“I see no difficulties there,” she said over the clicking sounds. “We’ll want a similar NDA in regards to our operations. We are one of the best in a very competitive market, and we prefer to keep it that way.”
Given your sudden five year monopoly on superhuman ship finding powers, I doubt there’s any danger of that. “That seems reasonable.” I looked at the growing crowd around the booth, and despite my armor I felt naked. I considered putting up a privacy screen, but then they’d make all kinds of assumptions. “I believe that covers everything for now. Thank you for your time.”
“No, thank you.” The phone clicked, and began making that ever-so-subtle hum that signaled it was time for me to leave.
I smiled for the crowd as they took a step back, unsure of what came next. Part of me found it annoying as hell, but I had been just like them before I got my powers.
Has it only been a month? Starfall, Mom, would have stopped to talk to her fans. She always was an expert at working the crowds. A bitter sensation formed in my stomach, killing any possibility of me trying to be like her for the near future. I took off into the sky with as gentle a burst of light as I could manage.
My new pattern of burst flight mixed with running took about twenty minutes to make the journey to our secret HQ. The slowest part of the trip was getting out of the city. Once in the countryside, I could fly almost without rest until I made it to the base.
RecognitionRelief DelightLove. The distraction of my Pairbonds returning to my mind almost made me run face first into a tree, which would have been a problem. A human shaped imprint was the opposite of what we wanted out here. After all our work this week, having to leave because I hit a tree would have been the worst.
With one last burst of flight, I weaved through the dry stream bed and up to our secret entrance, then allowed myself to fall down the tunnel, then in the passage to our living area. My eyes had yet to adjust to the dim light of my own power when Domenic’s arms wrapped tight around me.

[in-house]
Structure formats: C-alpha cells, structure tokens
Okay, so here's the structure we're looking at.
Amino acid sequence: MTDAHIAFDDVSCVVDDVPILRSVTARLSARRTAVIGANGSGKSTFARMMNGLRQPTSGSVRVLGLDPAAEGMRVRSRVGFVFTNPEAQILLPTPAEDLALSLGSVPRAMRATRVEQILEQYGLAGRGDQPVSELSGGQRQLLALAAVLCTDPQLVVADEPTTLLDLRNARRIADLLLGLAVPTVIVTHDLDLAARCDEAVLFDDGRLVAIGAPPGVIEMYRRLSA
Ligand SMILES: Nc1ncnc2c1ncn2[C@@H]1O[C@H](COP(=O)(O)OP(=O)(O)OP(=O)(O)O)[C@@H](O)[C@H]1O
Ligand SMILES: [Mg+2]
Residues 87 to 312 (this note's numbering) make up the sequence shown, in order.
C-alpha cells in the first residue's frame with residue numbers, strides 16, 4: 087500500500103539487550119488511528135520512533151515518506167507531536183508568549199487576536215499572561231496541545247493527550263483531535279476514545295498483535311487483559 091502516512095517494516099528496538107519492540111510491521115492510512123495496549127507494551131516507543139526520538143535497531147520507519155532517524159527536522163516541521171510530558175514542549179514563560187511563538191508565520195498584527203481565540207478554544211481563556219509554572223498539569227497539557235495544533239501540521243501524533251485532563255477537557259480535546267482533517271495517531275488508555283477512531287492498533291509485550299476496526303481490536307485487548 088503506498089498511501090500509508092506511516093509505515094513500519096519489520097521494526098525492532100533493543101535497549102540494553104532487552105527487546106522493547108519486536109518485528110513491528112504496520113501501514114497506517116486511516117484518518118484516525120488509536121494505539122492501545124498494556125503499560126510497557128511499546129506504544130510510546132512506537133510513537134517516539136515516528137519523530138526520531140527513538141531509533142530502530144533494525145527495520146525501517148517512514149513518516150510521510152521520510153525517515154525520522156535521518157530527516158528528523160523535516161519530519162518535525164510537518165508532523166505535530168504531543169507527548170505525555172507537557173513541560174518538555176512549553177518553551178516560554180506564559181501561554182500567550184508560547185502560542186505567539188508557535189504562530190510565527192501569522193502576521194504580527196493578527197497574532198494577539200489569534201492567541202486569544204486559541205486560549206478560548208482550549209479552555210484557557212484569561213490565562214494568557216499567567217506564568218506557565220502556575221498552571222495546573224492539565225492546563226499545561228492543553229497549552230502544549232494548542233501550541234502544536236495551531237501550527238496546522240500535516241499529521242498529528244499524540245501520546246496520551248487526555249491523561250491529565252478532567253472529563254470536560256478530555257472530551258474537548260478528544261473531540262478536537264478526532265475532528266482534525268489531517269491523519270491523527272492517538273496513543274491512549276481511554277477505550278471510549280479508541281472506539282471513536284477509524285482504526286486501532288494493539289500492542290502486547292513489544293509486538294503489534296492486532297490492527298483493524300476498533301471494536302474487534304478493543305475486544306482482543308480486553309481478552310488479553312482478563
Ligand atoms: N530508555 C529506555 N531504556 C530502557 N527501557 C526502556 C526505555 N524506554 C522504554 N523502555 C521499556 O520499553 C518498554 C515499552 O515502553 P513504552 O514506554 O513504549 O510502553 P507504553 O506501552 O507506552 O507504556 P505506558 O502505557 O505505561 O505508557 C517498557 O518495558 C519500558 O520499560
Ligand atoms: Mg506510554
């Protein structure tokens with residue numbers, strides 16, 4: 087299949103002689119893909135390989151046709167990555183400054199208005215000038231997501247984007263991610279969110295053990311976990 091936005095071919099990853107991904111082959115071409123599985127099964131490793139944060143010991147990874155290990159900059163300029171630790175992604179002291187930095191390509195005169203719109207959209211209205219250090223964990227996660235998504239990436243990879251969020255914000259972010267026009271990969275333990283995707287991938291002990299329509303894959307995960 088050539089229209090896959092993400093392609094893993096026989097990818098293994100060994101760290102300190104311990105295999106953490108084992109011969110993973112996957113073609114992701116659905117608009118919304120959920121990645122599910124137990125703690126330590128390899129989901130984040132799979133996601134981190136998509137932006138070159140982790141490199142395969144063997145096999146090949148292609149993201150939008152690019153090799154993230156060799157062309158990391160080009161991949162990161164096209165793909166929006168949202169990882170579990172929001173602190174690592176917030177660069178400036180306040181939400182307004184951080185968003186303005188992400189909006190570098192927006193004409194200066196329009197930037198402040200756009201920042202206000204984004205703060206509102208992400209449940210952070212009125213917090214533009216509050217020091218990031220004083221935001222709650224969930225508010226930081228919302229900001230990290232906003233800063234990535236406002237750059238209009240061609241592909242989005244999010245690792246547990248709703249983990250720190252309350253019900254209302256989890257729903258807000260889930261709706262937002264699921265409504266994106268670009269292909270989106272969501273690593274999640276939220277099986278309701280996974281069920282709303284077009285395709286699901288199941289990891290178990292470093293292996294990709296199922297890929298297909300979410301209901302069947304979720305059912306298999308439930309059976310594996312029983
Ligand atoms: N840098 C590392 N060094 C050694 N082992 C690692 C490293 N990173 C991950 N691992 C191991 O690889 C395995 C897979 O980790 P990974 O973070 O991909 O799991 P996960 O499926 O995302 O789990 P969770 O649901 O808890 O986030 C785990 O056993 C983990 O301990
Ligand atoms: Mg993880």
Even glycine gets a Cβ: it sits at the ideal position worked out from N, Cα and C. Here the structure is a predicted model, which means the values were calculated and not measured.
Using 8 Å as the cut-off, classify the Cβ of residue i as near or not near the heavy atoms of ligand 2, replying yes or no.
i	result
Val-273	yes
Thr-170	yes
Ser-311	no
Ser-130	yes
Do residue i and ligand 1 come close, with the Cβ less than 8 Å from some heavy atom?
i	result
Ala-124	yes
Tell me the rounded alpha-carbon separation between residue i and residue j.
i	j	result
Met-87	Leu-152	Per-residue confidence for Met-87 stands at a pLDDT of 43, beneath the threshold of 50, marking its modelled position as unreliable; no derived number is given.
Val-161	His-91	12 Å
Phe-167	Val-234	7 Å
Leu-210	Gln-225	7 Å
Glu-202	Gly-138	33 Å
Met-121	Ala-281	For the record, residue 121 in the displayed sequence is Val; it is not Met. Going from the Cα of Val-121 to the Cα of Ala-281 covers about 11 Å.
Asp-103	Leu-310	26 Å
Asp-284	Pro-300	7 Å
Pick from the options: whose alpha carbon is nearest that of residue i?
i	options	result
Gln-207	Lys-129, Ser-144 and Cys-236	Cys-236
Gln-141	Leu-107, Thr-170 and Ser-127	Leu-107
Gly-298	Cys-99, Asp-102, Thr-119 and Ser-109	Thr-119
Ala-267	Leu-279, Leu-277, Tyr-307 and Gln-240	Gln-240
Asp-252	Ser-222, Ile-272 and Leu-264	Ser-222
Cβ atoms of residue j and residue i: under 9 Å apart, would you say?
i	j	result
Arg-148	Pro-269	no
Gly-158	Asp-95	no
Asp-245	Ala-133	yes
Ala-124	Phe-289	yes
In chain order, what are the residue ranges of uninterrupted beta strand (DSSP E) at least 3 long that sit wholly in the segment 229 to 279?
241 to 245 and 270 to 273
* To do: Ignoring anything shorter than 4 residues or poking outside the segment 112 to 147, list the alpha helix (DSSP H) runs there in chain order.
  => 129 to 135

ReliefDesire DismissalAnnoyance. “How’d it go?” Domenic squeezed me as hard as he could. I barely felt the pressure, but the gesture was nice.
As if you need to ask. “Better than I hoped. We start in a week, with a full third cut.” JoySuccess ApprovalHesitation. Of course Cecelia felt my doubts first. “I had to agree to noncompetitive and nondisclosure clauses. We’ll be signing away any real chance of doing this without them in the future.”
ReluctantAcceptance. “Well, it’s not like we were planning to make a career of it, anyway.” I hated that Domenic was so cavalier about throwing away a business opportunity. He leaned down to give me a soft kiss on my forehead. “You did a great job.”
AnnoyanceFrustration. Cecelia’s head popped into view, from above. It seemed she was using her powers to climb on the ceiling for whatever reason. “I’m telling you, there’s always mercenary work. The three of us could go around the country stomping peeps for money. We have great powers for it…” HesitationFearRegret.
RejectionCertain. Domenic took a breath. “No, we can’t. If we start playing bounty hunter, people will ask why we didn’t collect on you, and they’ll find answers.” The fact that he didn’t want to be a hero went unsaid. RealizationComfort. “Uh, that’s not to say we can’t still do the local hero thing, once things calm down. We still have a week before we can debut our team, anyway.”
I forced myself to smile. “Yeah, we do have time to kill. So, uh, what’d you guys do while I was gone?”
DisquietApology. Domenic was about to say something, but Cecelia cut him off. “Oh, we broke in the house, college style.” ShockNegation. What? Cecelia waited for a moment, then sighed. “You don’t get the joke, do you?”
ReliefTired. Domenic shook his head. “All we did was fix a few things, and set up the pipes. There’s about two tons of dirt at the bottom of the shaft where we cleared space. Congrats, we now have running water. All the comforts of home, long as you don’t care about heat or lights. Still gotta set up the septic system before we use it, though.”
AnnoyedBored. “The walls have plenty of juice in them, go ahead and use that. I’m going to get some fresh air.” Cecelia scrambled out into the tube without ever touching the ground. I still wasn’t comfortable giving her so much freedom, but as Dom said, she’d have thousands of opportunities to escape that we couldn’t do anything about.
After she left, I floated up and gave Dom a real kiss, then wrapped my legs around him the same way Cecelia did the other day. DesireLove. He liked it better when I did it.
“So, I ruin a good day, but how did things go with just the two of you?” Cecelia had been alone with me while Dom was out of range a couple times, but this was the first time we’d left her with him. We didn’t have much choice, if we wanted our plans to work out.
AnnoyedTired. Domenic took a breath while his face rested on my forehead. “Oh, the usual flirty stuff she does. I ignored her.”
Well, it’s better than coming here to find her covered in his blood. Or other fluids. “Are you sure that’s a good idea?”